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dc.contributor.authorEllickson, Robert
dc.date2021-11-25T13:34:39.000
dc.date.accessioned2021-11-26T11:44:11Z
dc.date.available2021-11-26T11:44:11Z
dc.date.issued2000-01-01T00:00:00-08:00
dc.identifierfss_papers/405
dc.identifier.contextkey1618756
dc.identifier.urihttp://hdl.handle.net/20.500.13051/3502
dc.description.abstractThis study tracks the appeal of various intellectual approaches to legal scholars during the period 1982-96. Fifteen different approaches were paired with one or more proxies consisting of a word or phrase. Searches were conducted in a Westlaw database that contains full texts of law review documents to determine trends in the appearance of these proxies. A method was devised for neutralizing distortions attributable to changes in database size over time. Among the findings are little or no decline in doctrinal analysis, a modest rise in law and economics, and a boom and subsequent bust in Critical Legal Studies. Leading law reviews have been unusually prone to publish works that refer to civic republicanism, Critical Legal Studies, Critical Race Theory, and social norms.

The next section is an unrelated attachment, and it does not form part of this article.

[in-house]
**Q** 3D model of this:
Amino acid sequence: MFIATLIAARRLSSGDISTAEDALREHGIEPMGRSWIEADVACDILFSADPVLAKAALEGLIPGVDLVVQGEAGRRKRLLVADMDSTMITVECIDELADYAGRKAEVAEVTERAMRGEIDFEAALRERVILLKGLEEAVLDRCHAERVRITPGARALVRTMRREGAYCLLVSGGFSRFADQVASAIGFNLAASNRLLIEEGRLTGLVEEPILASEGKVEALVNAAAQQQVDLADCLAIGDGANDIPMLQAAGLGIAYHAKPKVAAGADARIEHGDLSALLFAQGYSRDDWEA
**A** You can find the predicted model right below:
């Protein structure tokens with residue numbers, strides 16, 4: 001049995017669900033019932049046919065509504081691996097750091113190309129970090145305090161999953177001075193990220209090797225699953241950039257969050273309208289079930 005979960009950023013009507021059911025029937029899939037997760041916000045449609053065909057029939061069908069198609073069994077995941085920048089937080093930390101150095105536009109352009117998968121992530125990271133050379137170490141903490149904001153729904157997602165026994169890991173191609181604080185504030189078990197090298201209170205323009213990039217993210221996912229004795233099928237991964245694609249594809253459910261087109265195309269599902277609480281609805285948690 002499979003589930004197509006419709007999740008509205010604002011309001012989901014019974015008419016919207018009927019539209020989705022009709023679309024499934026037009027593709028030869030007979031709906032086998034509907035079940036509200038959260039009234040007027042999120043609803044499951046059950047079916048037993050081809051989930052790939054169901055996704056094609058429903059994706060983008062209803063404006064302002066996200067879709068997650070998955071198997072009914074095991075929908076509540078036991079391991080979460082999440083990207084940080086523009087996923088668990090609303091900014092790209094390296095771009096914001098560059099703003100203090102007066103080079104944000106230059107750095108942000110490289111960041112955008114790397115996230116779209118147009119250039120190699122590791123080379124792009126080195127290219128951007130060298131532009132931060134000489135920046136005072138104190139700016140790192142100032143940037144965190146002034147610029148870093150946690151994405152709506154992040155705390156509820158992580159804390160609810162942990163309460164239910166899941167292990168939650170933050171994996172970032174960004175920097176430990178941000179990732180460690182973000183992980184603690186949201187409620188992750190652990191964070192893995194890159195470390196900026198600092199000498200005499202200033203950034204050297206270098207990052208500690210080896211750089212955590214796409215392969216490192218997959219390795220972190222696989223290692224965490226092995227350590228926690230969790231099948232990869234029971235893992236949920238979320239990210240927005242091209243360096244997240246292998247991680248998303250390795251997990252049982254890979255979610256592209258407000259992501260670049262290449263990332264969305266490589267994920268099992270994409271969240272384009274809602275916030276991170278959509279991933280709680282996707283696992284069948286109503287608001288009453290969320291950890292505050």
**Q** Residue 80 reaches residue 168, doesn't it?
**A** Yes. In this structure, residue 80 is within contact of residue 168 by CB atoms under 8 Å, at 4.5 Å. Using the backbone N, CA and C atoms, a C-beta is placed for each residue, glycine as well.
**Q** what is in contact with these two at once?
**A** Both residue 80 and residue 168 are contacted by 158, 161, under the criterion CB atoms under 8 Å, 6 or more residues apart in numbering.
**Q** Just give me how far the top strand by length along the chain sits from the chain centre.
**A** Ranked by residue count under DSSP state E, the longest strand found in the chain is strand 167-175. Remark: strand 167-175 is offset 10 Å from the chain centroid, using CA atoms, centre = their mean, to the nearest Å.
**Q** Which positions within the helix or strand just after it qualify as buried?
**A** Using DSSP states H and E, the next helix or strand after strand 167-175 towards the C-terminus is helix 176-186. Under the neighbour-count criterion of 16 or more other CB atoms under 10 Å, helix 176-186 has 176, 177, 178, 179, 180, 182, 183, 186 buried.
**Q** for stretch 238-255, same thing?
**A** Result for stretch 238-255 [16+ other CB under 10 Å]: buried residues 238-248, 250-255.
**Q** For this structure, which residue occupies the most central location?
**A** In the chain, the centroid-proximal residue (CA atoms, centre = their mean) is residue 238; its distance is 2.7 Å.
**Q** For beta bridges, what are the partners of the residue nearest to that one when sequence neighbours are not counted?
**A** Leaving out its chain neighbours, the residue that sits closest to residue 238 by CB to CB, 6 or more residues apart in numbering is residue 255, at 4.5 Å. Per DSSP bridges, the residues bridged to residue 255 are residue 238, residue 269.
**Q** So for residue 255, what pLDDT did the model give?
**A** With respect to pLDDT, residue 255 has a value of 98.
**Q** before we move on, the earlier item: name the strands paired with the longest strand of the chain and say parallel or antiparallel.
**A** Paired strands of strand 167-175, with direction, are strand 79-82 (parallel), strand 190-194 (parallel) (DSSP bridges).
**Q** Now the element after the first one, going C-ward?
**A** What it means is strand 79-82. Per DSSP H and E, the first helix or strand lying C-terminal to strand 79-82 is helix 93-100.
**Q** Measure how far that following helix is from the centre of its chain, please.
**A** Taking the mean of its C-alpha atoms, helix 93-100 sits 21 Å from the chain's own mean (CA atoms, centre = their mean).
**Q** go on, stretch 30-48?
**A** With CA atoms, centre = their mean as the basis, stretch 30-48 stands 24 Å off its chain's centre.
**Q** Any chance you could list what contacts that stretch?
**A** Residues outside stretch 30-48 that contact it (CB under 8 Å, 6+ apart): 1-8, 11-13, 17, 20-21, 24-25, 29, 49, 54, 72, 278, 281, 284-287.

dc.titleTrends in Legal Scholarship: A Statistical Study
dc.source.journaltitleFaculty Scholarship Series
refterms.dateFOA2021-11-26T11:44:11Z
dc.identifier.legacycoverpagehttps://digitalcommons.law.yale.edu/fss_papers/405
dc.identifier.legacyfulltexthttps://digitalcommons.law.yale.edu/cgi/viewcontent.cgi?article=1404&context=fss_papers&unstamped=1


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